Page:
November 8, 2018
BankAI 2018: RBC and Huntington National Bank make AI work for their customers
As banking industry leaders gathered in Austin, TX for BankAI this past September, David Sosna hosted ‘Right-size AI for Your Bank,’ a panel featuring RBC and Huntington National Bank.
Watch highlights from the panel:
After a brief overview of the four pillars of Self-Driving Finance™ – Data, Insight, Advice, and Automation – Sosna invited Rami Thabet, Vice President, Mobile & Digital Money Management at RBC and Kourtney Dewald, Senior Vice President, Customer Experience Innovation Director at Huntington National Bank to share their take on customer-facing AI and how it can benefit banks and their customers.
Priding itself on being a customer-friendly institution, Huntington National Bank sought for new ways to engage with its customers while delivering tangible benefits. “We need to look out for people throughout their financial life moments, not just the big ones,” Dewald said. “We don’t need to just be there at retirement or when someone needs a loan for a house. How can we start building trust, being empathetic to our customers, being more human towards them?”
The benefits of AI-powered Self-Driving Finance through the Personetics Engage platform proved to be the solution. “We created Huntington Heads Up, which is really where life and money intersect and one of our very first ways of using AI to show people that we can help them throughout their financial journey.”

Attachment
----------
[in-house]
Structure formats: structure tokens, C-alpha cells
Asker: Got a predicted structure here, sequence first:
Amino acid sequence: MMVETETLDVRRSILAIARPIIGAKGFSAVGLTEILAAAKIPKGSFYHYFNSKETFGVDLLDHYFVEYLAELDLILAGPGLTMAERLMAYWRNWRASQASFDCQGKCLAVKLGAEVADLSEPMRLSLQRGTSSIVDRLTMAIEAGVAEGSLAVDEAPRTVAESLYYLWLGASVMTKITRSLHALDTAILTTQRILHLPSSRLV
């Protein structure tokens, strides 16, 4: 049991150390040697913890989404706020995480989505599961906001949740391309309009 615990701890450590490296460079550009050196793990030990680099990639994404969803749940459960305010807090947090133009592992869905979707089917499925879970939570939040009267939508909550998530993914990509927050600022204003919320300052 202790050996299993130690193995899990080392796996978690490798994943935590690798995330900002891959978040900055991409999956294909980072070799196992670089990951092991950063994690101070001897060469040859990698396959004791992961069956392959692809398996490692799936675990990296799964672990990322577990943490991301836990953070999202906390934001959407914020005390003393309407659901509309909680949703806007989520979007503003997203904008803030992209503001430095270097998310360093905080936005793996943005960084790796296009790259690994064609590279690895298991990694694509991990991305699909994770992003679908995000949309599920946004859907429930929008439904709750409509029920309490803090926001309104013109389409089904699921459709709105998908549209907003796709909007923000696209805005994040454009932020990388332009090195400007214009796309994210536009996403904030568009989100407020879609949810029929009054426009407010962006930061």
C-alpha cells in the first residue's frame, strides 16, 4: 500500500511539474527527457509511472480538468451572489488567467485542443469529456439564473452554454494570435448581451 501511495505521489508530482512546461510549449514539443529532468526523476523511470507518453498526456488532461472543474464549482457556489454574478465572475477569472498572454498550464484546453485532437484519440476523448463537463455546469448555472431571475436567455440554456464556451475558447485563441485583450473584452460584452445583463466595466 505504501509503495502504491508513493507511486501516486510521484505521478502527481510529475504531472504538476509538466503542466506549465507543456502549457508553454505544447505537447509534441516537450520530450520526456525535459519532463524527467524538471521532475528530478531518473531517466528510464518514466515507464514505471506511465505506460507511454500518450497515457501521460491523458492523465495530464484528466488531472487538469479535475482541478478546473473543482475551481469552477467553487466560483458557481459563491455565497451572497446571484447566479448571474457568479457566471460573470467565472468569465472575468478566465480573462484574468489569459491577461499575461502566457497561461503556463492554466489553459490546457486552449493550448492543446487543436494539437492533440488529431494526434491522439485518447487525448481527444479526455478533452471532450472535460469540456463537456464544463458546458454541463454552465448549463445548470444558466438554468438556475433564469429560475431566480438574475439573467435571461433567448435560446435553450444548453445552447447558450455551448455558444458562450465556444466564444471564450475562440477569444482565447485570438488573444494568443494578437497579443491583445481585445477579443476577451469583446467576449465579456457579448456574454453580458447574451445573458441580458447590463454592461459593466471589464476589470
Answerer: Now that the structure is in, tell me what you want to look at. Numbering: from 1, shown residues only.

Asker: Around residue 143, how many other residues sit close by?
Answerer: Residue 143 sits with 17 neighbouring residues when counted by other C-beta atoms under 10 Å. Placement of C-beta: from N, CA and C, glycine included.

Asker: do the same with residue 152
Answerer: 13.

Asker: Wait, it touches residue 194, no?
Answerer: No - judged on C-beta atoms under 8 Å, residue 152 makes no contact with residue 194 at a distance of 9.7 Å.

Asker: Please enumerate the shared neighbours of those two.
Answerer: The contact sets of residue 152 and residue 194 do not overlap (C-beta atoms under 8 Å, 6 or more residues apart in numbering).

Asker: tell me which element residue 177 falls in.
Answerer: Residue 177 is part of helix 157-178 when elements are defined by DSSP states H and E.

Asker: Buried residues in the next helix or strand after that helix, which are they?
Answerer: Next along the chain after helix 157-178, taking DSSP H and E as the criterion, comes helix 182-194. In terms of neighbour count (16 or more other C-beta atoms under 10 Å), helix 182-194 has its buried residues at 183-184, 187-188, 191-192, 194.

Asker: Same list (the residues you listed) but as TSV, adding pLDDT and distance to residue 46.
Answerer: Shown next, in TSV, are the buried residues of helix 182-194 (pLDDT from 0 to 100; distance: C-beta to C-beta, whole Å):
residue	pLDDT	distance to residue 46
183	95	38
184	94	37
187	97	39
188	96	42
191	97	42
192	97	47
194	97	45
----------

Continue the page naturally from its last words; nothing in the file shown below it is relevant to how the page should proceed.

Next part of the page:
According to RBC’s Thabet, mobile app engagement has spiked thanks to the insights: NOMI users spend twice as much time in the RBC mobile app as non-users, and click through rates have tripled with them. “We felt that our path was really similar: provide insights and helpful tidbits of information that help Canadians live financially healthier lives.”
And RBC’s investment in AI has paid off for its customers. “Up to now, we have saved about $25 million for Canadians who had not previously had the ability to save. It has been a great client pleaser. Only .002 percent have opted to turn the service off. There are very few people that say I’m not getting value out of this,” Thabet concluded.
Watch the full panel now: